Fund managers have profited from a popular trade made via Hong Kong’s cross-border investment link to the Chinese mainland’s huge $ 15 trillion bond market, taking advantage of the higher interest rates on onshore bonds compared to their offshore equivalents.
The deal, conducted through the Bond Connect scheme, has been popular with executives active in China’s domestic bonds as well as so-called dim sum bonds – those issued in offshore yuan in Hong Kong. That comes when the Chinese bond market pulls a record in foreign investment, executives and bankers say.
In January alone, the onshore market recorded a net inflow of 120 billion yuan ($ 18.6 billion) from foreign investors, up from an average of 70 to 80 billion yuan per share. Month last year, according to bankers. Some of this influx has been channeled through the Bond Connect mechanism, which enables leaders sitting in Hong Kong to access both markets with ease.
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Investors monitoring the two markets are making a profit by selling their dim sum bonds issued by the Chinese government and then using the proceeds to buy the higher-return onshore equivalent via the Bond Connect link, executives say.
China’s central bank (pictured) and Hong Kong’s de facto central bank are working to expand Bond Connect. Photo: EPA-EFE alt = China’s central bank (pictured) and Hong Kong’s de facto central bank are working to expand Bond Connect. Photo: EPA-EFE
The opportunity arises as a result of dim sum government bonds. The limited size of the market – only $ 9.5 billion in new issues last year – often means that demand for these bonds exceeds their supply. This is comparable to the much larger onshore bond market, where the new issue last year was 48.5 trillion yuan (US $ 7.5 trillion), according to data from Refinitive and the People’s Bank of China.
Also, “some investors expect that the People’s Bank of China will gradually begin to tighten monetary conditions, especially at times when positive Chinese economic data are published,” said Ming Le, associate director of fixed income at HSBC Global Asset Management.
“The liquid onshore bond market is more reactive to these positive economic signals than offshore and sends onshore yields higher.”
The interest rate differential is particularly evident in debt with longer maturities. The average Chinese government bond yield in the dim sum bond market was 2.7 percent after yields on 10-year notes fell more than 20 basis points last year.
This compares with the 3.3 percent paid by onshore bond equivalents. A bond yield moves the other way around at its price.
The deal only makes sense for government bonds because China’s Treasury is an active bond issuer in both the onshore and dim sum bond markets, said David Yim, regional head of the capital markets for Greater China and North Asia at Standard Chartered. Chinese companies do not tend to sell bonds as often.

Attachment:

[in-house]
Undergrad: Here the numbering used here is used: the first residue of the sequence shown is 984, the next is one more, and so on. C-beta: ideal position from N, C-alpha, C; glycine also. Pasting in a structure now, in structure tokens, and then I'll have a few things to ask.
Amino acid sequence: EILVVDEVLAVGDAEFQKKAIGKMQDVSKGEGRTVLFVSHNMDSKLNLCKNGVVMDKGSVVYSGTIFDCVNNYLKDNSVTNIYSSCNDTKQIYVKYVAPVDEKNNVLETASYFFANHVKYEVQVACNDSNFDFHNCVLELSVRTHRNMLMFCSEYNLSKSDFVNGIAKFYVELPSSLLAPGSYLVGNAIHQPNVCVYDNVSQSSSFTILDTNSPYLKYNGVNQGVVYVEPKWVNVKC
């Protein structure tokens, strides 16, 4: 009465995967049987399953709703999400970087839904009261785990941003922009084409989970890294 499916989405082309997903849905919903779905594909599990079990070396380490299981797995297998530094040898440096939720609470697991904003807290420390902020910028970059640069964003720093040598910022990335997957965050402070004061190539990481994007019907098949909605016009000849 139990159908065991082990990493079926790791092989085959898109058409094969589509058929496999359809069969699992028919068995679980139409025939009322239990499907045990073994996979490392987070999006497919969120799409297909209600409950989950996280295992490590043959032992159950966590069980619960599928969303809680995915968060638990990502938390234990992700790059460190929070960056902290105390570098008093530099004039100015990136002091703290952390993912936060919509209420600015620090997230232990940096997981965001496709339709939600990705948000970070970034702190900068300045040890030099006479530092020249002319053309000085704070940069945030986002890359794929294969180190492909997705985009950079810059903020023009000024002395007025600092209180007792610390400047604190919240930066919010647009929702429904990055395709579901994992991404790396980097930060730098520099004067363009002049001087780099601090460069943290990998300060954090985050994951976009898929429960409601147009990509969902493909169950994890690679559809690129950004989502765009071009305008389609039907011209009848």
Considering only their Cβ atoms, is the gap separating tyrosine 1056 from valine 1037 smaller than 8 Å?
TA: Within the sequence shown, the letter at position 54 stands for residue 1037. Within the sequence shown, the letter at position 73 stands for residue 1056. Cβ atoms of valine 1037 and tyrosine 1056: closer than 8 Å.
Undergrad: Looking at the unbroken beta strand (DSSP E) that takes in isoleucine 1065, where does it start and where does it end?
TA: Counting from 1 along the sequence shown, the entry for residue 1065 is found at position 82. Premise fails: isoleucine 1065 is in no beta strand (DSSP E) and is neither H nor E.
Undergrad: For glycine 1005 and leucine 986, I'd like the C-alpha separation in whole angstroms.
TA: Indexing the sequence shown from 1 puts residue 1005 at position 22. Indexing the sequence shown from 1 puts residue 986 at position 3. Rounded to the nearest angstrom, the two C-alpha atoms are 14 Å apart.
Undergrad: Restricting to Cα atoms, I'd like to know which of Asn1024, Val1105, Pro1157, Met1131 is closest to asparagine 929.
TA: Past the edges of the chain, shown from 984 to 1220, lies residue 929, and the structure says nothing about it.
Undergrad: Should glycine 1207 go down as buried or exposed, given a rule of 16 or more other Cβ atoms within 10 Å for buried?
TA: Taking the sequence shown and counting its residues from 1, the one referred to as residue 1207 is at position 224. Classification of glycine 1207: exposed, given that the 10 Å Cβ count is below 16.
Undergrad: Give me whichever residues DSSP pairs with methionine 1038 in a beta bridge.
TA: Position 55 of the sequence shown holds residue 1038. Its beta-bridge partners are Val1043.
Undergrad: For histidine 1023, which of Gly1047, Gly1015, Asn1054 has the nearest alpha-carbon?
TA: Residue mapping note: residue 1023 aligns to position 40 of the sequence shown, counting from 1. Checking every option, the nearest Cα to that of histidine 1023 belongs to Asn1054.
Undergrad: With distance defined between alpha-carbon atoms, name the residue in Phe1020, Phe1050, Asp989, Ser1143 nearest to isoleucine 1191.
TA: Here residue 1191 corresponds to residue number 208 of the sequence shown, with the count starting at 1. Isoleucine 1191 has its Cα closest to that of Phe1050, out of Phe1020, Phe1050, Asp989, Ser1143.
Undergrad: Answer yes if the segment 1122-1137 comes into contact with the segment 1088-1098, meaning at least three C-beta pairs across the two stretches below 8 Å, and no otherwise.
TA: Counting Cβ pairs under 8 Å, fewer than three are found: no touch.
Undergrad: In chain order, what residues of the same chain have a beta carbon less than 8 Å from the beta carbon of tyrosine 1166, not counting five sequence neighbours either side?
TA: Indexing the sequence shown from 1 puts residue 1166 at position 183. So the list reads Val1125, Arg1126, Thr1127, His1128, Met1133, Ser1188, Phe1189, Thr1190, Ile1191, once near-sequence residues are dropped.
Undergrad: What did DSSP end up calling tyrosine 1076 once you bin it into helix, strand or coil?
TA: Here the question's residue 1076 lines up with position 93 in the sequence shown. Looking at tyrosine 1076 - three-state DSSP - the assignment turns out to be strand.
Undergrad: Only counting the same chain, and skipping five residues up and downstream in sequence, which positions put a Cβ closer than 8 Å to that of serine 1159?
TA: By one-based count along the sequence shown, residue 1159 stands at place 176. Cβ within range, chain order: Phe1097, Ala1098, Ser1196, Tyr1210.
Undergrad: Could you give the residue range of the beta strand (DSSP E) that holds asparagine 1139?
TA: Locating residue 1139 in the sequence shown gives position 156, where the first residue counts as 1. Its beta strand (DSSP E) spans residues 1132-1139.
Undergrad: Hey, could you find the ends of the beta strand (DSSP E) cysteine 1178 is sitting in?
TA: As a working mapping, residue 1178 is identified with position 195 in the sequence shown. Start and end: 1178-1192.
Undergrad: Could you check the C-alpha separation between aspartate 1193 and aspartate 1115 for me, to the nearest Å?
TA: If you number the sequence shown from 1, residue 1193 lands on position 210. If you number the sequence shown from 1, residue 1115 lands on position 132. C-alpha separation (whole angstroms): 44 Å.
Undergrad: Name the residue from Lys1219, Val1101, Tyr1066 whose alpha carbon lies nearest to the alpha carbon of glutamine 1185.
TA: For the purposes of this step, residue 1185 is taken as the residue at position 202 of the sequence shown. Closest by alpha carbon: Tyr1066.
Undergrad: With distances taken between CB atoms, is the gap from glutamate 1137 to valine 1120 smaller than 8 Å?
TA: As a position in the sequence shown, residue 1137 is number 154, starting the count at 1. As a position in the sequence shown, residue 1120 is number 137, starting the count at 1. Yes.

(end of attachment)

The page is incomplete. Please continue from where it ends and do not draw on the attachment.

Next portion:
When investors weigh the yields on government bonds, it is also an equal comparison of the two markets’ interest rates, and credit risks will be considered very distant for Chinese government issuers, Yim said.
“Investors will be hard pressed to do the same comparison for corporate bonds, because they also have to consider whether the market is liquid enough for a possible exit if the company’s financial health e.g. suddenly worsens, ”he said.
Attractive Chinese government bond yields compared to other government bonds attract foreign investors. Photo: alt = Attractive Chinese government yields compared to other government bonds attract foreign investors. Photo:
Foreign investors who own only 2 per cent. Of China’s onshore bond market, Chinese government bonds will continue to pile up due to their attractive yields against US government bonds of 1.35 per cent. For 10-year banknotes or the negative interest rate German bottom.
“Chinese government bonds are a great place for investors now,” said George Sun, head of global markets for Greater China in GDP Paribas, and this will continue to give rise to interest in both the onshore and dim sum markets.
Since its launch in 2017, Bond Connect has only supported the so-called northbound channel, which gives foreign investors access to the Chinese mainland market via Hong Kong. But this is changing, as the central banks of Hong Kong and China have said will start the southbound direction legs this year.
“Some foreign investors still prefer to access the market through Bond Connect, as they prefer faster set-up and the dominant jurisdiction of the Hong Kong court, given that their custodians and trading platform remain in Hong Kong,” Sun said.
This article was originally beaded in South China Morning Post (SCMP), the most authoritative voice report on China and Asia for more than a century. For more SCMP stories, please see SCMP s or visit the SCMPs Facebook and Twitter pages. Copyright © 2021 South China Morning Post Publishers Ltd. All rights reserved.
Copyright (c) 2021. South China Morning Post Publishers Ltd. All rights reserved.